The News International

Humanity and The West

Helen Joanne Cox was a British Labour Party politician who was the Member of Parliament (MP) for the Batley and Spen constituency from her election in May 2015.

At 12:53 pm BST on 16 June 2016, Cox was fatally shot and stabbed outside a library in Birstall, West Yorkshire, where she was about to hold a constituency surgery at 1:00 pm. A 77-year-old local man, Bernard Kenny, was also stabbed in the stomach while trying to fend off her attacker.

Thomas Mair, a 52-year-old Batley and Spen constituent had links to the U.S.-based neo-Nazi group National Alliance, shouted “This is for Britain. Britain will always come first” as he carried out the attack.

Cox was born Helen Joanne Leadbeater on 22 June 1974 in Batley, West Yorkshire, England. She was educated at Heckmondwike Grammar School, where she was head girl. During summers, she worked packing toothpaste. Cox studied Social and Political Sciences at Pembroke College, Cambridge, and graduated with a Bachelor of Arts (BA) degree in 1995. She later studied at the London School of Economics.

Following her graduation, Cox worked as an adviser to Labour MP Joan Walley. From 2001 to 2009, she worked for the aid groups Oxfam and head of Oxfam International’s humanitarian campaigns in New York City in 2007. Her work for Oxfam in which she met disadvantaged groups in Darfur and Afghanistan influenced her political thinking. Cox’s charity work led to a role advising Sarah Brown, wife of former Prime Minister Gordon Brown, who was spearheading a campaign to prevent deaths in pregnancy and childbirth. Cox was the national chair of the Labour Women’s Network and a senior adviser to the Freedom Fund, an anti-slavery charity.

Reasons for Cox’s Murder

Cox, a supporter of the Labour Friends of Palestine & the Middle East, called for the lifting of the blockade of the Gaza Strip.

Cox campaigned for a solution to the Syrian Civil War. In October 2015, she co-authored an article in The Observer with Conservative MP Andrew Mitchell, arguing that British military forces could help achieve an ethical solution to the conflict, including the creation of civilian safe havens in Syria. During that month Cox launched the All Party Parliamentary Friends of Syria group, becoming its chair. In the Commons vote in December to approve UK military intervention against ISIL in Syria, Cox abstained because she believed in a more comprehensive strategy that would also include combatting President Bashar al-Assad and his “indiscriminate barrel bombs”.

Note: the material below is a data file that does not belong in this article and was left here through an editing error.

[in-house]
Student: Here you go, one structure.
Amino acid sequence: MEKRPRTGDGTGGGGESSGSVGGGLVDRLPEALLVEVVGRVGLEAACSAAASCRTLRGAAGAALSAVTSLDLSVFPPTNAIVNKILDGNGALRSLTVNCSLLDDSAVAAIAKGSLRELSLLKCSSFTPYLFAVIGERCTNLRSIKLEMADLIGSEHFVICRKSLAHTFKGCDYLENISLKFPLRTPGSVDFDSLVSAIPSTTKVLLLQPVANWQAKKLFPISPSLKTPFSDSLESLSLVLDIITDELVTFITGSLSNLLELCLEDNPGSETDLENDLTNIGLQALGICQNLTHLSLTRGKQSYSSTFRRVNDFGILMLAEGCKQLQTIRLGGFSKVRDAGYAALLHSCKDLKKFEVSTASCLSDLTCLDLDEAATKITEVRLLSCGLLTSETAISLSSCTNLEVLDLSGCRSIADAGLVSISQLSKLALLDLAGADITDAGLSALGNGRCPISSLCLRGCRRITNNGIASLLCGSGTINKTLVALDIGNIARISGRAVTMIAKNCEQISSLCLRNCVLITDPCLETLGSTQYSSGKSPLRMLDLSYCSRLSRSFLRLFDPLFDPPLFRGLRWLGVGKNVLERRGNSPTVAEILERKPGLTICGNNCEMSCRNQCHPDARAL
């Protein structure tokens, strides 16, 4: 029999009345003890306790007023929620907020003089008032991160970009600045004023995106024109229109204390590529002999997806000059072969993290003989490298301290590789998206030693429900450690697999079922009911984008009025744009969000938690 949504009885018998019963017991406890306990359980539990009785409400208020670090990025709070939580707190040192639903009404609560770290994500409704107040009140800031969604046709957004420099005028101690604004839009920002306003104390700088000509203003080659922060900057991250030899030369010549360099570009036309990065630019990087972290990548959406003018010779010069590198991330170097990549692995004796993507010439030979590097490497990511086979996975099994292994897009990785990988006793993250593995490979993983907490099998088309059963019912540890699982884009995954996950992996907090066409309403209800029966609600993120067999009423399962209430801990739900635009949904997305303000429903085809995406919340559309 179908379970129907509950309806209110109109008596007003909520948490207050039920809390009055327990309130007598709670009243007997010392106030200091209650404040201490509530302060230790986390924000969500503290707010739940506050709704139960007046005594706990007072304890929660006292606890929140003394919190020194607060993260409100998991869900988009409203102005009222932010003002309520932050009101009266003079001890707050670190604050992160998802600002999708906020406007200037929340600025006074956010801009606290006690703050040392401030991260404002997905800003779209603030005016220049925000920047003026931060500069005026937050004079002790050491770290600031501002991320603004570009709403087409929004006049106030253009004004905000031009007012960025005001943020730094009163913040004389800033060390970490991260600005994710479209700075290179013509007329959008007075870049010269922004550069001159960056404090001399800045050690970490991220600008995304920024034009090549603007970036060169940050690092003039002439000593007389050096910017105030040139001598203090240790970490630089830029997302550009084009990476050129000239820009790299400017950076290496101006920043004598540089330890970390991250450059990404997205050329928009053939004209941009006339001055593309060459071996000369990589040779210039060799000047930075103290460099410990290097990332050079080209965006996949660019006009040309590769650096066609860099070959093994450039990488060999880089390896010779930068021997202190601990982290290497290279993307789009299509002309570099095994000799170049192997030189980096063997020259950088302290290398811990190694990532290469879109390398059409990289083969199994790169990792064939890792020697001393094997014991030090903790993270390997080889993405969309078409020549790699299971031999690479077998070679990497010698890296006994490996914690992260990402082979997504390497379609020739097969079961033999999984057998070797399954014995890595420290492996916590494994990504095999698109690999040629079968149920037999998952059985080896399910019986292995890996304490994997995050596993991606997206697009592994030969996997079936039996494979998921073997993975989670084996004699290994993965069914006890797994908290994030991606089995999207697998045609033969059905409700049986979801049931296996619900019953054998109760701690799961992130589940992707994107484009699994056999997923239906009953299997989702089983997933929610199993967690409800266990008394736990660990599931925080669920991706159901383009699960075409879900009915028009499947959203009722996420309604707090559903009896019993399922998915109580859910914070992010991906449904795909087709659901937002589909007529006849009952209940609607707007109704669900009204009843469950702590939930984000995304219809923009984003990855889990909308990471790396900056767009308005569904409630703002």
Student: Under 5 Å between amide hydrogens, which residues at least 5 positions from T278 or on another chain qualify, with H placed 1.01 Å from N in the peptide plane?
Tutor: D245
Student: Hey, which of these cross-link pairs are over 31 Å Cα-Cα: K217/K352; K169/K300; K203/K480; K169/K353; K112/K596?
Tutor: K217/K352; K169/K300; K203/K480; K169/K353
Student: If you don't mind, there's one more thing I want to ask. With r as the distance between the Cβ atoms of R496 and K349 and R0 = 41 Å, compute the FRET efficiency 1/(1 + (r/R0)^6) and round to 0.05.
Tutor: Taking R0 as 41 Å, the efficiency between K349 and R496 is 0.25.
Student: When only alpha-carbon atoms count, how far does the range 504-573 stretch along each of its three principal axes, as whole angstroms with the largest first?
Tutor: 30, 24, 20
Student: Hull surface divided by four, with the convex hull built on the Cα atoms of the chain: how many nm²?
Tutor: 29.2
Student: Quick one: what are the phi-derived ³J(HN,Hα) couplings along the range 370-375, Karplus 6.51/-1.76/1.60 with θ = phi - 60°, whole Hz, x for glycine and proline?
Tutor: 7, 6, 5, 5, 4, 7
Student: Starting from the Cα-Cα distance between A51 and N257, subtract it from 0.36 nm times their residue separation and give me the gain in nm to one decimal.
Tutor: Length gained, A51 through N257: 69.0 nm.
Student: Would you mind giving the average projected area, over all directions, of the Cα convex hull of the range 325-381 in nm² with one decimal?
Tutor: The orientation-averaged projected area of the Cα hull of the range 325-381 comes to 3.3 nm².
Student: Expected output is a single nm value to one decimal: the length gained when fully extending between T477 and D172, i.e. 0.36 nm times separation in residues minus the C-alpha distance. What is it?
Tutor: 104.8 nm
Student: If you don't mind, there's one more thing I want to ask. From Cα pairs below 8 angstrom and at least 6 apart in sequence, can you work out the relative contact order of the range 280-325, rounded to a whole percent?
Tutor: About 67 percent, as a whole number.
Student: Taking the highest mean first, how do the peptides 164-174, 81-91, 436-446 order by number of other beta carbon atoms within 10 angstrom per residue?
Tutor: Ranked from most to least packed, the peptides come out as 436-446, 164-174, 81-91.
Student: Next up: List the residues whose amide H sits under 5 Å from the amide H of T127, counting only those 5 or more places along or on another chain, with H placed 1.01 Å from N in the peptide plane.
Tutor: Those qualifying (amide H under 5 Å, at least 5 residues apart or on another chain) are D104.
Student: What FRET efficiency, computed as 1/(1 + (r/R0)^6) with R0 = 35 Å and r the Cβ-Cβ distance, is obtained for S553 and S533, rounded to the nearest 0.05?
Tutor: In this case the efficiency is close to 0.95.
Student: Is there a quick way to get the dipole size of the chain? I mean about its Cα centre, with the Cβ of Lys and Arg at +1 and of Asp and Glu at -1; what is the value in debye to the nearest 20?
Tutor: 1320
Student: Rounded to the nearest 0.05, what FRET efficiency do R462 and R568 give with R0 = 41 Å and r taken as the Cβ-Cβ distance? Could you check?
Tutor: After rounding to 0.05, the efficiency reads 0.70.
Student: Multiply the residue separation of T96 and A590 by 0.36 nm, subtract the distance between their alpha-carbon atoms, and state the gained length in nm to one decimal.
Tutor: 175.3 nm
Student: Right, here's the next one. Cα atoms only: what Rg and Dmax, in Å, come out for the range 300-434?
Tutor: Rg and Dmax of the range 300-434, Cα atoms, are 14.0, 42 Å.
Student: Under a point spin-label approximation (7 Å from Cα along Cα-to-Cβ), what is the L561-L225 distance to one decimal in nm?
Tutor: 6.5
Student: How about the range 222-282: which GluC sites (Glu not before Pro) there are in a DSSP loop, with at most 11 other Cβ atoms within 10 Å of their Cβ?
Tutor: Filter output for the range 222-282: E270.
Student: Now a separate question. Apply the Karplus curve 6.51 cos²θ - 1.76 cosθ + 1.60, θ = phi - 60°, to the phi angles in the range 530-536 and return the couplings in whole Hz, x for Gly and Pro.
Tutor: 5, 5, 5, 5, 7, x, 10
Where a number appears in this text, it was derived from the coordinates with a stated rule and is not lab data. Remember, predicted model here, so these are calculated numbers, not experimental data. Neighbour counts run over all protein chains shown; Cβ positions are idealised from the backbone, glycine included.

She wrote:
By refusing to tackle Assad’s brutality, we may actively alienate more of the Sunni population, driving them towards Isis. So I have decided to abstain. Because I am not against airstrikes per se, but I cannot actively support them unless they are part of a plan. Because I believe in action to address Isis, but do not believe it will work in isolation.

Army major who ‘tied’ Kashmiri man to jeep honoured

The incident had deepened the army-civilian divide and sparked violent protests in the militancy-hit valley. Reports Rahul Singh of Hindustan Times, New Delhi (India). May 22, 2017 Indian Standard Time

An army major, who was in the eye of a storm for allegedly tying a Kashmiri man to a jeep to use him as a human shield, has been awarded the army chief’s commendation card. Confirming the development, army spokesperson Colonel Aman Anand said the officer had been awarded the Chief of Army Staff’s Commendation (COAS) card for “sustained efforts in CI (counter insurgency) operations”.

The army found itself in the middle of a firestorm after the surfacing of a video clip that showed a man tied to the fender of a Rakshak jeep and paraded through villages. A day after the video clip surfaced on April 14, 2017 the army ordered a probe into the incident.

In the video, announcements of people being warned that “this will be the fate of stone-pelters” could be heard in the background. The incident had triggered outrage in Kashmir, with separatists saying it was on “expected lines from an oppressor”.

The incident had deepened the army-civilian divide and sparked violent protests in the militancy-hit valley.